Learning to categorize visual stimuli is a fundamental cognitive skill underlying both everyday functioning and professional competencies in domains such as radiology and airport security screening. Categories may be very simple or highly complex, with accurate categorization dependent on multiple interacting features. General recognition theory (GRT) models uniquely allow examination of feature dimension interactions, but basic questions remain about the applicability of such models and the 2x2 categorization tasks (four-alternative forced choice) employed in studies which use them. Findings in several studies that factorially combine 2 levels of 2 stimulus dimensions indicate a common pattern of perceptual advantage for the category that is high on both dimensions, despite examining stimuli as diverse as simulated human faces, baggage x-rays, and mammograms. Because of the ambiguous ground truth of these applied studies, their conclusions are limited by the inability to rule out the influence of task artifacts on their results. The present work fills this gap in the literature and seeks to disambiguate such findings by examining the contributions of task artifacts such as response mapping and assessing the sensitivity of the modeling paradigm using simple stimuli. Participants learned categories of simple two-dimensional stimuli produced by various manipulations of a basic category construction, and GRT-wIND models were fit to their responses. Results indicate that the model is sensitive to manipulations of the perceptual space and category structures. Further, the previously observed pattern advantaging one of four categories is observed here despite the absence of such a relationship between the feature dimensions in the objective category constructions. The effect is largely mitigated, however, by altering the response locations such that they are no longer orthogonally mapped to their corresponding categories. These findings further evidence the utility and sensitivity of the GRT-wIND model and suggest updates to best practices in applying the four-alternative forced choice task.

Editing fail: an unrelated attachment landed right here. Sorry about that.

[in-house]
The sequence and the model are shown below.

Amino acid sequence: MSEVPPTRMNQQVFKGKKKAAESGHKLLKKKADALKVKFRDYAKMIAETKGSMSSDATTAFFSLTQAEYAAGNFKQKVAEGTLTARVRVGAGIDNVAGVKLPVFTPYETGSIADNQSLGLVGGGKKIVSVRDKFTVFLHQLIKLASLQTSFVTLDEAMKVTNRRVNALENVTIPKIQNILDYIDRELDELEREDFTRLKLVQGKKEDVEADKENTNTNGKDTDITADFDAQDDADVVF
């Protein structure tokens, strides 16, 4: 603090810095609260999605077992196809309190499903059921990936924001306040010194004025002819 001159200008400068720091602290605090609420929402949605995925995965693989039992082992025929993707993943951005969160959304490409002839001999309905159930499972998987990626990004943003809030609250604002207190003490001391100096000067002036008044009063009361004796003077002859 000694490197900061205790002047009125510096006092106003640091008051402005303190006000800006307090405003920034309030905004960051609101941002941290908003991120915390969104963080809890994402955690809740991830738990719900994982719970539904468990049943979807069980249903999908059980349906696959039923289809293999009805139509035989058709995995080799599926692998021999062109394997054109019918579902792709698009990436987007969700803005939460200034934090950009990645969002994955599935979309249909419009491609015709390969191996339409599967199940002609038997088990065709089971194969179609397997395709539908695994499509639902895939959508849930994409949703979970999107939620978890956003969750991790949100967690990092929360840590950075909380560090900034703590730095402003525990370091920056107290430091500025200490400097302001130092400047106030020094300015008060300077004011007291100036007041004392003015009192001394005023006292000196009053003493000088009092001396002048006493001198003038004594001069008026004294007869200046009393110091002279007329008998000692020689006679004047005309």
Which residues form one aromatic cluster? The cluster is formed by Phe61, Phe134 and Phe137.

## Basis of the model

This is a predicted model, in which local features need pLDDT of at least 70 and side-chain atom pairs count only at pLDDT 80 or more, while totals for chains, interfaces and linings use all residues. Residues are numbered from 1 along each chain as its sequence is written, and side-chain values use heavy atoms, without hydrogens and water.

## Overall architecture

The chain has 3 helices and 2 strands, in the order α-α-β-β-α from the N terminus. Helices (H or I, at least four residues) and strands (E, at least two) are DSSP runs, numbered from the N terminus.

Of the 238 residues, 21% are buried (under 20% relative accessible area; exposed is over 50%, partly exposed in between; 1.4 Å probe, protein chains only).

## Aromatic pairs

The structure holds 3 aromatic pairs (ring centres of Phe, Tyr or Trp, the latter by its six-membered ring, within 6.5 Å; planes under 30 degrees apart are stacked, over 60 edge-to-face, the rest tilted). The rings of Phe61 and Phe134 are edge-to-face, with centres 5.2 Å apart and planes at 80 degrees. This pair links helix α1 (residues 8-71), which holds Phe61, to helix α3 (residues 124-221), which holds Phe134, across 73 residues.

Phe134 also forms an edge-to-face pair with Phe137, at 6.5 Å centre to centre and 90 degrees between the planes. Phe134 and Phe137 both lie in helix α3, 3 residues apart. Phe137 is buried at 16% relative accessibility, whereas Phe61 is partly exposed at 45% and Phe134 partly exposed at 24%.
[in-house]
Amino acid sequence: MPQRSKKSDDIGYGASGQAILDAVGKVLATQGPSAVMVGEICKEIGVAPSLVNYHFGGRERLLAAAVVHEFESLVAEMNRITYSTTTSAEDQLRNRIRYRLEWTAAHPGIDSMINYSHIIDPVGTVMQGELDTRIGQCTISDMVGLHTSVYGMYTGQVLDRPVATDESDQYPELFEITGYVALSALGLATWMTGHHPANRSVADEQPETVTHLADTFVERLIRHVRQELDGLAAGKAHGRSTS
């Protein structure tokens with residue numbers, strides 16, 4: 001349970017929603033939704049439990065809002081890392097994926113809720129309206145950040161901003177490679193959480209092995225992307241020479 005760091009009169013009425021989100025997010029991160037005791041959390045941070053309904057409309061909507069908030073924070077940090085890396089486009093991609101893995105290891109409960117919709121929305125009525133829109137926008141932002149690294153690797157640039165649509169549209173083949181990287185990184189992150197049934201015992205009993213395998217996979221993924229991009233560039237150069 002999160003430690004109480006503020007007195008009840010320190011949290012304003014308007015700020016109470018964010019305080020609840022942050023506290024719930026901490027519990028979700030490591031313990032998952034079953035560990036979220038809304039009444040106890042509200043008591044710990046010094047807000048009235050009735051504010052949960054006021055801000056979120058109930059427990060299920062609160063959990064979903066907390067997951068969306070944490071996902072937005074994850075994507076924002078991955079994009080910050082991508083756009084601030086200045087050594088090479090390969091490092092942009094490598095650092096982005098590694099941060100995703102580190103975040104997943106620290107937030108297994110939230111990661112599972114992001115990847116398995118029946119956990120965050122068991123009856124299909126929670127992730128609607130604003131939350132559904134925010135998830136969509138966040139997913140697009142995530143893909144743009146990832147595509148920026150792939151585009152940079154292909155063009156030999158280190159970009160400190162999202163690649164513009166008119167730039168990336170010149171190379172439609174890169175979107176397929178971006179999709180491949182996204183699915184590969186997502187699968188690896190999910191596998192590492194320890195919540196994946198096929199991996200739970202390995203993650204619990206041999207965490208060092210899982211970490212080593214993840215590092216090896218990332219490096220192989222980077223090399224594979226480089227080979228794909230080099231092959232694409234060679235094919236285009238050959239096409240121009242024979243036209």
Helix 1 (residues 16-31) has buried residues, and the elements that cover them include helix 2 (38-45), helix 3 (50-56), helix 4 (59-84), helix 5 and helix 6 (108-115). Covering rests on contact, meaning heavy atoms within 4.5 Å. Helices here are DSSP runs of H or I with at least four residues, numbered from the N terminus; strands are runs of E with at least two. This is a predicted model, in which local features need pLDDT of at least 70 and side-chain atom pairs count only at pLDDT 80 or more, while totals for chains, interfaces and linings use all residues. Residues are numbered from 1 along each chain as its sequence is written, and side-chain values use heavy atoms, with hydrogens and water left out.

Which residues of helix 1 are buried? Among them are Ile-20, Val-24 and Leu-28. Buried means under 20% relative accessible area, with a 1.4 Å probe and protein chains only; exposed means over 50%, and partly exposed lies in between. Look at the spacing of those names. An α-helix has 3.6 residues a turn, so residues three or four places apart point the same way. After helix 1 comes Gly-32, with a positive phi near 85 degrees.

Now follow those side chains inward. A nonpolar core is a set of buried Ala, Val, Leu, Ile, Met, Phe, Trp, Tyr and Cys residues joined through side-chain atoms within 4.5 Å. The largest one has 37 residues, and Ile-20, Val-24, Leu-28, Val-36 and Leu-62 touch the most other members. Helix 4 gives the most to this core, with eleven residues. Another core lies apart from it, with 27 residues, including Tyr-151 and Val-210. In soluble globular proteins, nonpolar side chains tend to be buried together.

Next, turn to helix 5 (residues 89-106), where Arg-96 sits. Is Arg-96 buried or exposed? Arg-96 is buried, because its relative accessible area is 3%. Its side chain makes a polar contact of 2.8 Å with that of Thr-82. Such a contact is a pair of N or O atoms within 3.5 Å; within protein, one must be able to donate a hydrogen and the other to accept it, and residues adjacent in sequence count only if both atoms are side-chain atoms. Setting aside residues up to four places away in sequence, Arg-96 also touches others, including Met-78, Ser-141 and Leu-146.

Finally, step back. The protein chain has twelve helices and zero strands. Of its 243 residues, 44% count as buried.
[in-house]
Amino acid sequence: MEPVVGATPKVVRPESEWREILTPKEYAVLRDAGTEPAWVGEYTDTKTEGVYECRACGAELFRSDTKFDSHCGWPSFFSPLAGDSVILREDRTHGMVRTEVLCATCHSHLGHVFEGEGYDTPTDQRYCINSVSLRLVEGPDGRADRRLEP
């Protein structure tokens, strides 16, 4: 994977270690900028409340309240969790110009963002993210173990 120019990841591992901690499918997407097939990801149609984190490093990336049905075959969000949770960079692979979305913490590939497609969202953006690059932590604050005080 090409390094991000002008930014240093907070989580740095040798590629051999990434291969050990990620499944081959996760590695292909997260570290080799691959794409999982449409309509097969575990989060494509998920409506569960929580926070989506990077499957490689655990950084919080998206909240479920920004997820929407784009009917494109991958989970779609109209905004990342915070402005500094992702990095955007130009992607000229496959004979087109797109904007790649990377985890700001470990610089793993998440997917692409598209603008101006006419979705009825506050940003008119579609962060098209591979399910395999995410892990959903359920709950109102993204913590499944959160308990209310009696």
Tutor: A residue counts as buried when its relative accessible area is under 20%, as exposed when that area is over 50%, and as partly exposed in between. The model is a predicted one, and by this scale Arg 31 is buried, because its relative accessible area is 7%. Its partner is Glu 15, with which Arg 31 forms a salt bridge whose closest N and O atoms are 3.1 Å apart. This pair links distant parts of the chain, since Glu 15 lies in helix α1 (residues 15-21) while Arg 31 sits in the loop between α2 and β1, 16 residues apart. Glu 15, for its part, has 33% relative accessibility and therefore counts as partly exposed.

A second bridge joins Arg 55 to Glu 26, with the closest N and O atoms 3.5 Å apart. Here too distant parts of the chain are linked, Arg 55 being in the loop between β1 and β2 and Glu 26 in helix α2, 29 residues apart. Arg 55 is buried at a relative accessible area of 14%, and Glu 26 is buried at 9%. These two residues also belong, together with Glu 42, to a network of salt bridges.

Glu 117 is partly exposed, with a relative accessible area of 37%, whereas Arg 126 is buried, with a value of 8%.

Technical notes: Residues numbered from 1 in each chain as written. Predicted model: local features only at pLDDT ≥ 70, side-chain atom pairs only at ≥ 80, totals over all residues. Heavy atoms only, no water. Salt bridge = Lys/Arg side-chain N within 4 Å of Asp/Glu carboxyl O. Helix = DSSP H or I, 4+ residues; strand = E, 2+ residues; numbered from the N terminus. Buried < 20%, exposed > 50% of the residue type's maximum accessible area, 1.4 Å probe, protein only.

If this is your thesis or dissertation, and want to learn how to access it or for more information about readership statistics, contact us at STARS@ucf.edu
Doctor of Philosophy (Ph.D.)
College of Sciences
Psychology; Human Factors Cognitive Psychology
Length of Campus-only Access
Doctoral Dissertation (Open Access)
Killingsworth, Clay, "Modeling the Relationship between Perceptual and Stimulus Space in Category Learning" (2021). Electronic Theses and Dissertations, 2020-. 958.